Lincoln's Notes

##Type Classes, Monoids, and Functors with Scala's Cats Library Accompanying code can be found on GitHub

No Encapsulation in Functional Programming

In OOP, functions and data are bundled together in classes.

In Functional Programming, data and functions are kept separate. And a multitude of programming techniques are available to create, combine, and edit functions.

We will study a use case of an "Order Processing System" to understand how the FP style of Type Classes varies from the traditional OOP style.

OOP Style

OOP can emulate the Functional Programming style of separating data and functions.

For e.g. in an OOP Order Processing System, there could be an Order class with order information. And, all functions that process Order objects could be kept in a separate OrderProcessing class.

Here is a dummy implementation of such an approach: It consists of

  • Data Definition
  • Functions To Process The Data

Data For Order Processing

Accompanying code can be found on GitHub

case class PlainOrder(val orderId:Int, 
                      val itemId:Int,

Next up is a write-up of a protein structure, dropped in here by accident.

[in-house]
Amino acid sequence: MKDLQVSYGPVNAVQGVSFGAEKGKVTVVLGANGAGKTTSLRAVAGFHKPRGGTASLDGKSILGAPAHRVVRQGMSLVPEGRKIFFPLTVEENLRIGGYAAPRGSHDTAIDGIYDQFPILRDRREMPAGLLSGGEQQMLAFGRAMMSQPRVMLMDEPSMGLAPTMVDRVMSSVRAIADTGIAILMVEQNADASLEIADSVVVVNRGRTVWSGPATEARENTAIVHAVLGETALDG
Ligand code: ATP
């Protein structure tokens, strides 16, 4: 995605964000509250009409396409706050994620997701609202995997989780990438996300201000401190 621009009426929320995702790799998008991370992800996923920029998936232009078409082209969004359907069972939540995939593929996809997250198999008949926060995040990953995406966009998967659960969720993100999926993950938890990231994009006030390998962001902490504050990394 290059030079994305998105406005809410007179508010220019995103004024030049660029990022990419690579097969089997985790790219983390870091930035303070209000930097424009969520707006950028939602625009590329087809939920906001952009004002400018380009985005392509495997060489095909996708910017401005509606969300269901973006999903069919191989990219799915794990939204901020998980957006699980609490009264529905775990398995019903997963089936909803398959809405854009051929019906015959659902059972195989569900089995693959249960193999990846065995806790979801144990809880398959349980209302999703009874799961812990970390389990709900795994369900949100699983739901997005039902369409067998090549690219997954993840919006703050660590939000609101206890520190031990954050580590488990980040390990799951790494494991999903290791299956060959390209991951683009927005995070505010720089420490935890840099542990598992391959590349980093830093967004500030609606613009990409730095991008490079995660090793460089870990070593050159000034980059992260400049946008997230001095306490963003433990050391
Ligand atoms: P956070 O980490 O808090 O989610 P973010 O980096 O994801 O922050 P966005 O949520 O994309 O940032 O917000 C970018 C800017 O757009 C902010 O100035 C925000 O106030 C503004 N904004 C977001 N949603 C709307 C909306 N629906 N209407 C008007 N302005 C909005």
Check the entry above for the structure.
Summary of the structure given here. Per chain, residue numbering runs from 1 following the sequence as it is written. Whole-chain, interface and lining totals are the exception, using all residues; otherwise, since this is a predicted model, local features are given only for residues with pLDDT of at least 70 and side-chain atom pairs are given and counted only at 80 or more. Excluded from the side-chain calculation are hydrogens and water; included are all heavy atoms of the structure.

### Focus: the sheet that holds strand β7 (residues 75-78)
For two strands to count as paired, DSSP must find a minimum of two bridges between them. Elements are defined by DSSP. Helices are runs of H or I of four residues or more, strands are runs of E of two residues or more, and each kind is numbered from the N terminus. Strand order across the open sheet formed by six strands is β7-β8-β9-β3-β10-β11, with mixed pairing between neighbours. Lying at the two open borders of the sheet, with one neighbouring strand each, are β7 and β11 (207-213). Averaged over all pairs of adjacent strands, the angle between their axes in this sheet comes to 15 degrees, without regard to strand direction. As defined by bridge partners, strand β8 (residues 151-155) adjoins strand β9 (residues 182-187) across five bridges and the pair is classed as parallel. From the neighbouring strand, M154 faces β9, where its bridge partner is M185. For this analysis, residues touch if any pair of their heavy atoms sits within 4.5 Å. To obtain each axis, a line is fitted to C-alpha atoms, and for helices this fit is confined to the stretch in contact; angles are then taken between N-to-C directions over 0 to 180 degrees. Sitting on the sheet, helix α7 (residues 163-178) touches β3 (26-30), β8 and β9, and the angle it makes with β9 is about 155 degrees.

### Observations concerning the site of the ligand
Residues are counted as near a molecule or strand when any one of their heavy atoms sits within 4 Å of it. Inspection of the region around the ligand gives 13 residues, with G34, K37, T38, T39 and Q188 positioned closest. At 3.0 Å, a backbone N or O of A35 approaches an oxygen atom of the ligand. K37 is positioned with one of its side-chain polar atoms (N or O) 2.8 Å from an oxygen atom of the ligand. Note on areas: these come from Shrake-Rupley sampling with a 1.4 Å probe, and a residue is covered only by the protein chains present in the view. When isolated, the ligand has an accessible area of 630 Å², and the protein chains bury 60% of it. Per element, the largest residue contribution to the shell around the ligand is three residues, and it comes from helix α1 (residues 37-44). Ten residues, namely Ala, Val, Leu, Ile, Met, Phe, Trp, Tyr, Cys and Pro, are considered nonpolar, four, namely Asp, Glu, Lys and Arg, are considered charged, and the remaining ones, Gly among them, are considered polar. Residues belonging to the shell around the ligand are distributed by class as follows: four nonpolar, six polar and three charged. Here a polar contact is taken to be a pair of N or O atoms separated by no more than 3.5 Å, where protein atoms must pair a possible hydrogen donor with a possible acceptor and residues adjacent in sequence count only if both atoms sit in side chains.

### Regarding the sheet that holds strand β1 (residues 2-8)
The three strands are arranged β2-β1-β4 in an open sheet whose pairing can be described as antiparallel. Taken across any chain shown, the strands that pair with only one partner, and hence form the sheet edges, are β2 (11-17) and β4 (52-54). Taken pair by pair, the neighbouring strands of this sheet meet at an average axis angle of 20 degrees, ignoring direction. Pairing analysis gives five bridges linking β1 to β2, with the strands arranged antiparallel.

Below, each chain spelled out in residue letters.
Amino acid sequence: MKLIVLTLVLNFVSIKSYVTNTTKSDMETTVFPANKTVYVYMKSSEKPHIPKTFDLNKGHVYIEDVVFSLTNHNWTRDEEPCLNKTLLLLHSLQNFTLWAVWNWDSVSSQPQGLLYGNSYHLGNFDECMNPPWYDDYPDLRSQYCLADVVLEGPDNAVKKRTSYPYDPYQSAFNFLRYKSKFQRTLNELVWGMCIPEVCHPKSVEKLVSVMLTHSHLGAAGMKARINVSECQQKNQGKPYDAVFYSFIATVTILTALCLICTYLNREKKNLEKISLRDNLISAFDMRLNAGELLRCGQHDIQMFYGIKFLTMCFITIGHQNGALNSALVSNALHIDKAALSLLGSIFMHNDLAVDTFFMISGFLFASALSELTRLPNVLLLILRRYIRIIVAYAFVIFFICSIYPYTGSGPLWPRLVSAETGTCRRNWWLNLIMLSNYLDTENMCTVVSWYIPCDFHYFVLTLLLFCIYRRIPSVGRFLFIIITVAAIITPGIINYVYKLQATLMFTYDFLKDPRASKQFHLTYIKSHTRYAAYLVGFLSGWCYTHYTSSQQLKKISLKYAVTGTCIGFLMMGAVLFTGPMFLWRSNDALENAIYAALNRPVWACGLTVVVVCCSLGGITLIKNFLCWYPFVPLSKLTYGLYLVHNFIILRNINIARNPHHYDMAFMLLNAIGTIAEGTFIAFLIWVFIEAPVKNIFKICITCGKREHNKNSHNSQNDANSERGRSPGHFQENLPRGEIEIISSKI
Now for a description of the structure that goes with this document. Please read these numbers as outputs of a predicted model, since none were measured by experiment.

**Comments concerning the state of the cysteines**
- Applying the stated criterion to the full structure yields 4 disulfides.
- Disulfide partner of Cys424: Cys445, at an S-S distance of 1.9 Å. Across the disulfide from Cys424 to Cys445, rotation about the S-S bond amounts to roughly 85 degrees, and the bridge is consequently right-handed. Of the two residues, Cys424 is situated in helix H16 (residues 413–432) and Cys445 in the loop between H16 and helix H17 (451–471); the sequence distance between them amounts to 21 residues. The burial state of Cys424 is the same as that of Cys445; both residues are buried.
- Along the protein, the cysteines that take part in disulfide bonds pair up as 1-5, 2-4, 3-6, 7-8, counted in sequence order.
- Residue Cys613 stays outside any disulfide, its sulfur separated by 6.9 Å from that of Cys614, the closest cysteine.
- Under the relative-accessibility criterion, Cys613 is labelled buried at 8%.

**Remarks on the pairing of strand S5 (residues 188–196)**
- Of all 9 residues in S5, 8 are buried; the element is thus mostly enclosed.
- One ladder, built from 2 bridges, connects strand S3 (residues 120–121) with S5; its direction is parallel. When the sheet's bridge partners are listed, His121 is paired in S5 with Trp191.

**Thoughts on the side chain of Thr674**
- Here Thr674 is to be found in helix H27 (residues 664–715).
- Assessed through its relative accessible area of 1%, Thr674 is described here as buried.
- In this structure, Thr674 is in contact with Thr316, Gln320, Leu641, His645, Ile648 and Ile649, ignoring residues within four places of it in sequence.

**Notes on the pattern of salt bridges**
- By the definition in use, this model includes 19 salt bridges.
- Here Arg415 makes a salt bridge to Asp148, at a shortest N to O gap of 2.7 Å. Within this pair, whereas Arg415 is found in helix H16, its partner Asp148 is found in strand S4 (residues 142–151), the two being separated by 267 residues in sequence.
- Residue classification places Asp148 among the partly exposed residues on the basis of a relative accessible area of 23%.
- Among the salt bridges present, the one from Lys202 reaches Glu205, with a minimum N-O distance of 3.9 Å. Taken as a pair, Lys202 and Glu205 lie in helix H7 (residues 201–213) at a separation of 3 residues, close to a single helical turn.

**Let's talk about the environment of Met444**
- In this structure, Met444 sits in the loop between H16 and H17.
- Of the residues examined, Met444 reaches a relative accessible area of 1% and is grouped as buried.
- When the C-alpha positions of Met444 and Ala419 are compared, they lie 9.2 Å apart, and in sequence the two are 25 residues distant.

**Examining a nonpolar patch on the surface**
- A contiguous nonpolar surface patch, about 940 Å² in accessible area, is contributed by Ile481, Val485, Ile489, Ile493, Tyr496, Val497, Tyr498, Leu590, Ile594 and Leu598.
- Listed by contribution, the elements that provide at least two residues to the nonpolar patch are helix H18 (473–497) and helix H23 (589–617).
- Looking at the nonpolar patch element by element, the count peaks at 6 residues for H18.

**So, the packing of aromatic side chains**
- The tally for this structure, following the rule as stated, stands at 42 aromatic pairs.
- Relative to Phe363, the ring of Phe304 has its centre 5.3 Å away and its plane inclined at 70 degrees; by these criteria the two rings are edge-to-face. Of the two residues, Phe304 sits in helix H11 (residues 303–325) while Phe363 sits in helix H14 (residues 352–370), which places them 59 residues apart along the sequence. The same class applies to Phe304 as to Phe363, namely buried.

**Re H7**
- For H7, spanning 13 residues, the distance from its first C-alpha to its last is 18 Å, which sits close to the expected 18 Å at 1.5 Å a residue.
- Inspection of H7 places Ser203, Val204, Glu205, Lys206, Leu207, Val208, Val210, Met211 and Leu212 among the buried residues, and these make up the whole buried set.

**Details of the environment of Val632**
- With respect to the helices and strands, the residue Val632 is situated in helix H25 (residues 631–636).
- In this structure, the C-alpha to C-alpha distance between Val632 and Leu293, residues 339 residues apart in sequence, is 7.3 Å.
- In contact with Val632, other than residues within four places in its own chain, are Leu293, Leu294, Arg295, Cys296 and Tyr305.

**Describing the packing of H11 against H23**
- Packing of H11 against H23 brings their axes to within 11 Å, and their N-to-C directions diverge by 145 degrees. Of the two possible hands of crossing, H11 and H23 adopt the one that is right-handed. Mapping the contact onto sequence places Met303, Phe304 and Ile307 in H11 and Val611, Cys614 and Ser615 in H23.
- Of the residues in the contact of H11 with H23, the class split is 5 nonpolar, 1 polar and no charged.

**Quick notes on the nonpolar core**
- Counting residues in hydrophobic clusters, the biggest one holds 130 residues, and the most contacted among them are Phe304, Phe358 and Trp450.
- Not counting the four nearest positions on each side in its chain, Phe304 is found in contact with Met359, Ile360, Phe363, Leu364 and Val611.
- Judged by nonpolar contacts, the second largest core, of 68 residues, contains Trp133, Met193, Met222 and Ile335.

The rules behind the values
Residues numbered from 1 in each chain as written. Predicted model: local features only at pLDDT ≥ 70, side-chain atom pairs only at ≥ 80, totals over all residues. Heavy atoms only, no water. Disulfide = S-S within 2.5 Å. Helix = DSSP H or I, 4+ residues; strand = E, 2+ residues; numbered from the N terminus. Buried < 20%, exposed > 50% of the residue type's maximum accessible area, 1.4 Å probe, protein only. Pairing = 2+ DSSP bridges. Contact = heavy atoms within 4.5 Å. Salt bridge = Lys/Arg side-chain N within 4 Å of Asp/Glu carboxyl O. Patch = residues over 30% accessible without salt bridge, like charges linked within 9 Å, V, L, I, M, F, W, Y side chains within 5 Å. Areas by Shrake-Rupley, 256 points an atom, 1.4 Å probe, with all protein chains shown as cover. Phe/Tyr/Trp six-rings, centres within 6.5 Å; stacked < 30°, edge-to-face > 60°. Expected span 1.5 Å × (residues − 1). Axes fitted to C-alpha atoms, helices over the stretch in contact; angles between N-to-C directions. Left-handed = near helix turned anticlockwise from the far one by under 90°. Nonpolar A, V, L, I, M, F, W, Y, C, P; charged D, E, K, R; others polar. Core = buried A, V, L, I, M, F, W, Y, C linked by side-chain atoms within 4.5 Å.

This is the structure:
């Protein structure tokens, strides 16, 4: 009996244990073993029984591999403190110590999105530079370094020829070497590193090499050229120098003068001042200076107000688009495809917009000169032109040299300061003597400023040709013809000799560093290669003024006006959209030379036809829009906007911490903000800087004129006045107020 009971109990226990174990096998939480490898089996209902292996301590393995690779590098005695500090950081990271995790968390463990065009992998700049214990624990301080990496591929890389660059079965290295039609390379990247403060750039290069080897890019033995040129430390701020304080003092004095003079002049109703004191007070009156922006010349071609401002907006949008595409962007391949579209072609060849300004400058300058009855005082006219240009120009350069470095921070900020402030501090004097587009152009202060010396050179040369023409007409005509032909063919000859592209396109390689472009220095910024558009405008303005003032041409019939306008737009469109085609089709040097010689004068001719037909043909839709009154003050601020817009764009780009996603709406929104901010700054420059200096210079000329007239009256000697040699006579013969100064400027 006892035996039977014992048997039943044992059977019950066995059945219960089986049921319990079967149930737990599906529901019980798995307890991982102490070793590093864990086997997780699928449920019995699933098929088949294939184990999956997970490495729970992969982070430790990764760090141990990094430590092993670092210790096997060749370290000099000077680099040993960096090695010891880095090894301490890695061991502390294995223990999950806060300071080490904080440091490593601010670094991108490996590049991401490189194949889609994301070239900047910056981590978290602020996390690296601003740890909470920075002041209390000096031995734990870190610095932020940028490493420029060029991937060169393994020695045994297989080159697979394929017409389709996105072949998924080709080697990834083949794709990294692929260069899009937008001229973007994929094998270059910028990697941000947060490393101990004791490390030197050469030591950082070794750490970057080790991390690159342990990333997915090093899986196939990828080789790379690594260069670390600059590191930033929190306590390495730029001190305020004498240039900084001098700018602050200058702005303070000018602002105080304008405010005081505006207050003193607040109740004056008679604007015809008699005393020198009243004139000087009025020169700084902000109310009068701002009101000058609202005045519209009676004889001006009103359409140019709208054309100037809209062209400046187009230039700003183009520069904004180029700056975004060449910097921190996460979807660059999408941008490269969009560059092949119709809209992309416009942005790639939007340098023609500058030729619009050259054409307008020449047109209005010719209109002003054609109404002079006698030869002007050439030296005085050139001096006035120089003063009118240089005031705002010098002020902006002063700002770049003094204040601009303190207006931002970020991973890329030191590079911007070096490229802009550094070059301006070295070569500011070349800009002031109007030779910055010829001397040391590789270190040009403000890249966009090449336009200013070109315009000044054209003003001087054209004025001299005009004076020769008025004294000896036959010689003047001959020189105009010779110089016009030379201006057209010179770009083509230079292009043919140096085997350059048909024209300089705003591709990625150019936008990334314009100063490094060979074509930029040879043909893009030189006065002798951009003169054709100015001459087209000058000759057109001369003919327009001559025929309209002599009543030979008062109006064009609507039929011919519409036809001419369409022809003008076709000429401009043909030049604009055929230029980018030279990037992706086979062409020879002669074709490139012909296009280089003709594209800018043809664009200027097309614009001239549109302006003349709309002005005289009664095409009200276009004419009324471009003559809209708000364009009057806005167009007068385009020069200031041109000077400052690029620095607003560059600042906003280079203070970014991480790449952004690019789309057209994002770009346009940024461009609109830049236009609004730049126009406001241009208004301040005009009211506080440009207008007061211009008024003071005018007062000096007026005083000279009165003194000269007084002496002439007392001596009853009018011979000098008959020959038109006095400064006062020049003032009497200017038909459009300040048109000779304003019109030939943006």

val amount:Int)

// Specialized Order derived from PlainOrder
case class ExpressOrder(override val orderId:Int, 
                        override val itemId:Int, 
                        override val amount:Int, expressCharges:Int) 
    extends PlainOrder(orderId, itemId, amount)

// Order Container. 
//List is Co Variant so orders can be List[PlainOrder] or List[ExpressOrder]
class OrderBasket(val orders:List[PlainOrder]);

// Another Order class, but unrelated to the PlainOrder inheritance hierarchy
class UnrelatedMarsOder(info:String);

Functions For Order Processing

Accompanying code can be found on GitHub

The order processing functionality can be enclosed in a class/object, keeping it separate from order data:

object Status {
  val Success = 1;
  val Failure = 0;

object OOOrderProcessor {

  def processOrder(plainOrder: PlainOrder) = Status.Success

  def processOrder(expressOrder: ExpressOrder) =  Status.Success

  def processOrderBasket(orderBasket: OrderBasket):List[Int]  = => processOrder(o))

  def processUnrelatedMarsOrder(marsOder: UnrelatedMarsOder):Int = Status.Success

Functional Style Using Type Classes

Lets see how we can use Type Classes to create an order processing system similar to the OOP one we defined above.

A Type Class defines some functionality just like an Interface in Java.

// This is a "Type Class"
trait OrderProcessor[A] {

  def processOrder(value:A) :Int


Members of the Type Class do not "implement" the Type Class Interface. Rather, to make PlainOrder a member of the OrderProcessor Type Class, OrderProcessor[PlainOrder] has to be defined.